Lovecraft

SnakBookshelf of the Damned

Bliv bruger af LibraryThing, hvis du vil skrive et indlæg

Lovecraft

Dette emne er markeret som "i hvile"—det seneste indlæg er mere end 90 dage gammel. Du kan vække emnet til live ved at poste et indlæg.

1DeusExLibrus
mar 13, 2010, 10:24pm

After having him recommended to me repeatedly by friends, I recently picked up the Library of America volume of his writings, along with a big brick collection titled "the Necronomicon." I'm reading the LoA volume at the moment and rather enjoying it, although I wouldn't say its great literature by any stretch. From the little I know of the example authors, I'm assuming Lovecraft would fit in here, if not feel free to ignore this. I am, however, curious if anyone else enjoys Lovecraft, and what they thought of his work?

2melannen
mar 14, 2010, 7:29pm

Lovecraft's stories have major issues - of both the "patchy writing quality" and the "my god, that's racist" variety, but they're so very influential in so many ways that I think they're definitely worth reading for anyone who's interested in horror and the things that lurk at the edges. :D

If you like the Randolph Carter stories, I really recommend Dunsany, who worked in a similar style a little bit earlier. And if you're interested in a nonfiction author who was working in the same spirit of incomprehensible looming powers, there's always the later works of Charles Fort, after he'd gone a bit (more) mad.

Just be careful if you try to buy a copy of the actual Necronomicon - the common paperback version isn't worth the paper it's printed on.

3DeusExLibrus
mar 14, 2010, 10:41pm

Oh, he was blatantly racist, and the writing quality is definitely patchy, but that doesn't keep him from being a guilty pleasure. The "Necronomicon" I have is actually a collection of his stories, not THE Necronomicon. I would, however, be interested in reading it, if you know of a version thats actually worthwhile. From what I've heard he never actually wrote the book, but more than a couple people have written their own versions.

4Nicole_VanK
Redigeret: mar 15, 2010, 5:00am

It's indeed not great writing, but often good entertainment. And yes, he was racist, but I don't think really that more racist than many others in his period.

As for the Necronomicon: he indeed never wrote one (though he seems to have toyed with the idea of doing so occasionally). I have a small collection of those hoax editions - because I think the phenomenon of people creating them is hilarious. None of them are very good.

You might enjoy The Necronomicon Files though, which is an analysis of said phenomenon from both a literary and an occult angle.

5melannen
mar 15, 2010, 3:14pm

Yeah, from what I've read, there's a few attempts at actually reconstructing the Necronomicon referenced in stories (I've never gotten my hands on one, though - BarkingMatt, are *any* of them worth reading?)

The one you're likely to find in a store or used book sale is the "Simon" necronomicon, which along with being not very good, also has only the most tenuous relationship possible with Lovecraft's work (said connection being: marketing.) That one I distinctly disrecommend, unless you're interested in faux-sumerian occultism for its own sake.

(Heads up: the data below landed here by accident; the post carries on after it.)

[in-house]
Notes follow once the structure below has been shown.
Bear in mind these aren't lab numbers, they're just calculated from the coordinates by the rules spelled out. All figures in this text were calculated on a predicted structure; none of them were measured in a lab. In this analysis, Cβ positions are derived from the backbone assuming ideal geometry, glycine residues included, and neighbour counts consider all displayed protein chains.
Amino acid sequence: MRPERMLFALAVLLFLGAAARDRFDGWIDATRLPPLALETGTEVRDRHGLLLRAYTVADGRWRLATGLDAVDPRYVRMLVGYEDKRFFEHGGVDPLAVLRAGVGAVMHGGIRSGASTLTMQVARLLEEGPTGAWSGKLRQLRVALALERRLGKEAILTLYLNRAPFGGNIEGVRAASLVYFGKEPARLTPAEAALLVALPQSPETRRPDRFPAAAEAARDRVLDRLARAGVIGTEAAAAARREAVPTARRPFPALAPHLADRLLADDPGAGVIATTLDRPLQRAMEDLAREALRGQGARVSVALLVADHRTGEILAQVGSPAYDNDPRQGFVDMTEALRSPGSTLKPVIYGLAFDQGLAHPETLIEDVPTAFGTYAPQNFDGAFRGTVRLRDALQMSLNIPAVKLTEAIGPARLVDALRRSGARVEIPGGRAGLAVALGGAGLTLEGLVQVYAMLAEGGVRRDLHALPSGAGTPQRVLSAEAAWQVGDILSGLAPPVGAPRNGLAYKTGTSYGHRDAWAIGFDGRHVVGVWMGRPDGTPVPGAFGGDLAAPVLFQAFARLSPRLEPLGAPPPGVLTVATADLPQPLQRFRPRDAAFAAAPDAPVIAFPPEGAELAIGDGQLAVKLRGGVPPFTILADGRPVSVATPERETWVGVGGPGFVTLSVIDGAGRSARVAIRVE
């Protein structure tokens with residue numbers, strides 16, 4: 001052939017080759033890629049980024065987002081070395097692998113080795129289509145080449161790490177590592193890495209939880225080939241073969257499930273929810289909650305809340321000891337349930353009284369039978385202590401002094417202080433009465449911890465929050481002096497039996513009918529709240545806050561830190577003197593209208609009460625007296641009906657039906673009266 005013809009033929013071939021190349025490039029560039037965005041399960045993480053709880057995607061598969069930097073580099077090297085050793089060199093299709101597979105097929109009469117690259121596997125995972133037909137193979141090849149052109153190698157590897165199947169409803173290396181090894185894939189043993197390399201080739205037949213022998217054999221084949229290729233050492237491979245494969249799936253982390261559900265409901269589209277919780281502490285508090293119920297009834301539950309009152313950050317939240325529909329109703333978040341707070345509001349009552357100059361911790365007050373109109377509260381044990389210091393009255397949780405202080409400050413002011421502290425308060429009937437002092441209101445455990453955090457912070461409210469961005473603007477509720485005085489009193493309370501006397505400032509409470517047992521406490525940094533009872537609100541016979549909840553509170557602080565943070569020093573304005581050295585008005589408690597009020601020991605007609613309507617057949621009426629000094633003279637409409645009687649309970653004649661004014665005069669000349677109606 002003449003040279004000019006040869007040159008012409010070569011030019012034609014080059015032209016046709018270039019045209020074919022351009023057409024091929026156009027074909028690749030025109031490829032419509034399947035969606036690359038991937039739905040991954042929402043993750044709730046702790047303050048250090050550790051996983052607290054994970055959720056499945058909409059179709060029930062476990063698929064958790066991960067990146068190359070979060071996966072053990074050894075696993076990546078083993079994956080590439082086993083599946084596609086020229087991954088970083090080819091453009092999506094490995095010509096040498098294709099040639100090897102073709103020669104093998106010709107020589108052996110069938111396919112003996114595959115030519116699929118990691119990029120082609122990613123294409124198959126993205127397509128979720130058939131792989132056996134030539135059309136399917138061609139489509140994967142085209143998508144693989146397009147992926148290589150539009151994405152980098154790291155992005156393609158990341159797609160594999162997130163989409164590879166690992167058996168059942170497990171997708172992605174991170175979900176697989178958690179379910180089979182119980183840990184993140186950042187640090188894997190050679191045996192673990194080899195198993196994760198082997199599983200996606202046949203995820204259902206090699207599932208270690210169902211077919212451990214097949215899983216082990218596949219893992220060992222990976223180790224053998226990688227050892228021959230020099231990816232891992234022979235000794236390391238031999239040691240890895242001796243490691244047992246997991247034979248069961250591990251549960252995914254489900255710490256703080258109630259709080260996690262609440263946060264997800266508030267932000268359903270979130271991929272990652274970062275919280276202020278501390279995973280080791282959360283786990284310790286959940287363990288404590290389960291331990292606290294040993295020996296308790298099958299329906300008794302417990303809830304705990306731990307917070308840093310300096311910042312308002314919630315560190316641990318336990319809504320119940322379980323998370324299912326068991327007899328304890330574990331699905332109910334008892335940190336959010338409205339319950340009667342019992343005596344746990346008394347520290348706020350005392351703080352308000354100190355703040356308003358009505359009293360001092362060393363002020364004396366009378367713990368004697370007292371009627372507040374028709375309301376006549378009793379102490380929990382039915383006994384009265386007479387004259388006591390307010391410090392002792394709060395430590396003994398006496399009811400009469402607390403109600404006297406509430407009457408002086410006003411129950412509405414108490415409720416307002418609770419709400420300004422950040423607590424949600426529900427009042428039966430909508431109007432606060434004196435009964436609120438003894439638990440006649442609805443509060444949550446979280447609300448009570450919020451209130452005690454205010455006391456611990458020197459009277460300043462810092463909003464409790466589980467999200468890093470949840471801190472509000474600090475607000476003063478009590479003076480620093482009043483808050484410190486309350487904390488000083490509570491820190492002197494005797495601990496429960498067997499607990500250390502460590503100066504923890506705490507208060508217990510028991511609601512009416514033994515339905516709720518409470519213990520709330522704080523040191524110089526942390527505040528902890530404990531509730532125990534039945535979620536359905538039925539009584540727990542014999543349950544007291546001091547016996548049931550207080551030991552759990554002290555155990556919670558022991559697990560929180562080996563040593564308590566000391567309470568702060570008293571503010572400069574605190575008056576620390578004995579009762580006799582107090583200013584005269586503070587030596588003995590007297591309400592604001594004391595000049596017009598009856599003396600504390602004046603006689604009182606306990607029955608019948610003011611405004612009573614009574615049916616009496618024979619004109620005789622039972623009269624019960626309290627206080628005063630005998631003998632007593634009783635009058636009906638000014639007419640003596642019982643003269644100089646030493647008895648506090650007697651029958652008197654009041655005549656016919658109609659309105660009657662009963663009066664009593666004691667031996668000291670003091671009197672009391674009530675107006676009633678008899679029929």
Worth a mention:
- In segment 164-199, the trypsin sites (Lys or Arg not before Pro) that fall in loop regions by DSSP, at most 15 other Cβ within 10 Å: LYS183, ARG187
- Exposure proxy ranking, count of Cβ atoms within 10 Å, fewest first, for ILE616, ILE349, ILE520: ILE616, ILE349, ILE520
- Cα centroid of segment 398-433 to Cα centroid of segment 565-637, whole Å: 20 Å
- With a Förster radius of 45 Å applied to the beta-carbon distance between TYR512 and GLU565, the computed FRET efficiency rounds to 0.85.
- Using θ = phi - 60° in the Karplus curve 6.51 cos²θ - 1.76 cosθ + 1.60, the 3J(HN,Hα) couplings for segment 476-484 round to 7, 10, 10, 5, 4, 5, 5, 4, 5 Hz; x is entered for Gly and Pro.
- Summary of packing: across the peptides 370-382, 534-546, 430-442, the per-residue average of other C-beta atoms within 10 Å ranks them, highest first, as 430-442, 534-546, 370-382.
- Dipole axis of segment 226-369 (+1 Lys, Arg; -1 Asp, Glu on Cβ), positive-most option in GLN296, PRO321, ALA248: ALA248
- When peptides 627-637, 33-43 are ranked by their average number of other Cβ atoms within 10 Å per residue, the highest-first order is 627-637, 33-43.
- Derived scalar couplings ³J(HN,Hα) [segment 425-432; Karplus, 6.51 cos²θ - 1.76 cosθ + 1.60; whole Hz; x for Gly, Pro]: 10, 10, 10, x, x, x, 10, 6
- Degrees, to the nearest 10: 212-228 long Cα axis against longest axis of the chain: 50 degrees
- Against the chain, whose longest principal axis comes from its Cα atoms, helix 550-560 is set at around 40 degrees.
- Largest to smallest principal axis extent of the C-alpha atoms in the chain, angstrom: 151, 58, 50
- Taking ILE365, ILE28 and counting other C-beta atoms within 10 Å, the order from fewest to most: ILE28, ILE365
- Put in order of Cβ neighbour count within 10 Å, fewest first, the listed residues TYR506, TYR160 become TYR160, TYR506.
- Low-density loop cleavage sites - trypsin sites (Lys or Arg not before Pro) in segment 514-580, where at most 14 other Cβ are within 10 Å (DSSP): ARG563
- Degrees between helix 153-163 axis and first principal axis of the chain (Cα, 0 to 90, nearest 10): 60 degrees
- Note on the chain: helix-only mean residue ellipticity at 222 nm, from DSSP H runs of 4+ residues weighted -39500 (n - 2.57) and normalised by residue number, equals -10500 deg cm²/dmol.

I would kind of like to get my hands on the Al-Azif edition with the de Camp introduction, the one that's never been deciphered, just for memorabilia purposes, though the chances of that happening are about nil. (de Camp wrote at least one short story with a cameo by Lovecraft himself that's in one of my favorite of his collections, The Purple Pterodactyls.)

6Nicole_VanK
Redigeret: mar 15, 2010, 3:46pm

I really can't recommend any of the "Necronomicons", but the Hay "The Necronomicon: The book of Dead Names" (http://www.librarything.com/work/4448266) and the parts of Pelton's "A Guide of the Cthulhu Cult" (http://www.librarything.com/work/108052) pretending to be "Necronomicon" are somewhat less dismal than most others.

Actually, by the way, the Sprague de Camp introduced "El Azif" (http://www.librarything.com/work/855664) is available in a fairly cheap paperback edition. But be warned the main "text" consists of just a couple of pages of (mock) arabic repeated over and over again.

(tried to give touchstones, but most wouldn't take).

7Nicole_VanK
mar 15, 2010, 3:45pm

But you might like to try The Necronomicon: Selected Stories and Essays Concerning the Blasphemous Tome of the Mad Arab edited by Robert M. Price. Beside stories it contains (parts of) various attempts.

8melannen
mar 15, 2010, 10:30pm

*wishlists*

I didn't know there had been a recent edition of the de Camp one! (I did know it contained only a few pages of text - which is kind of a gyp, since I am fairly sure de Camp would've known how to get an indefinitely-long gibberish cyphertext that people could've actually tried to decipher - cf. the Voynich manuscript - but I supposed one of the recurring themes in his work *is* "never take a practical joke too far.")

9DeusExLibrus
mar 16, 2010, 12:25am

Thanks BarkingMatt, added those to my wish list and will keep an eye out for them.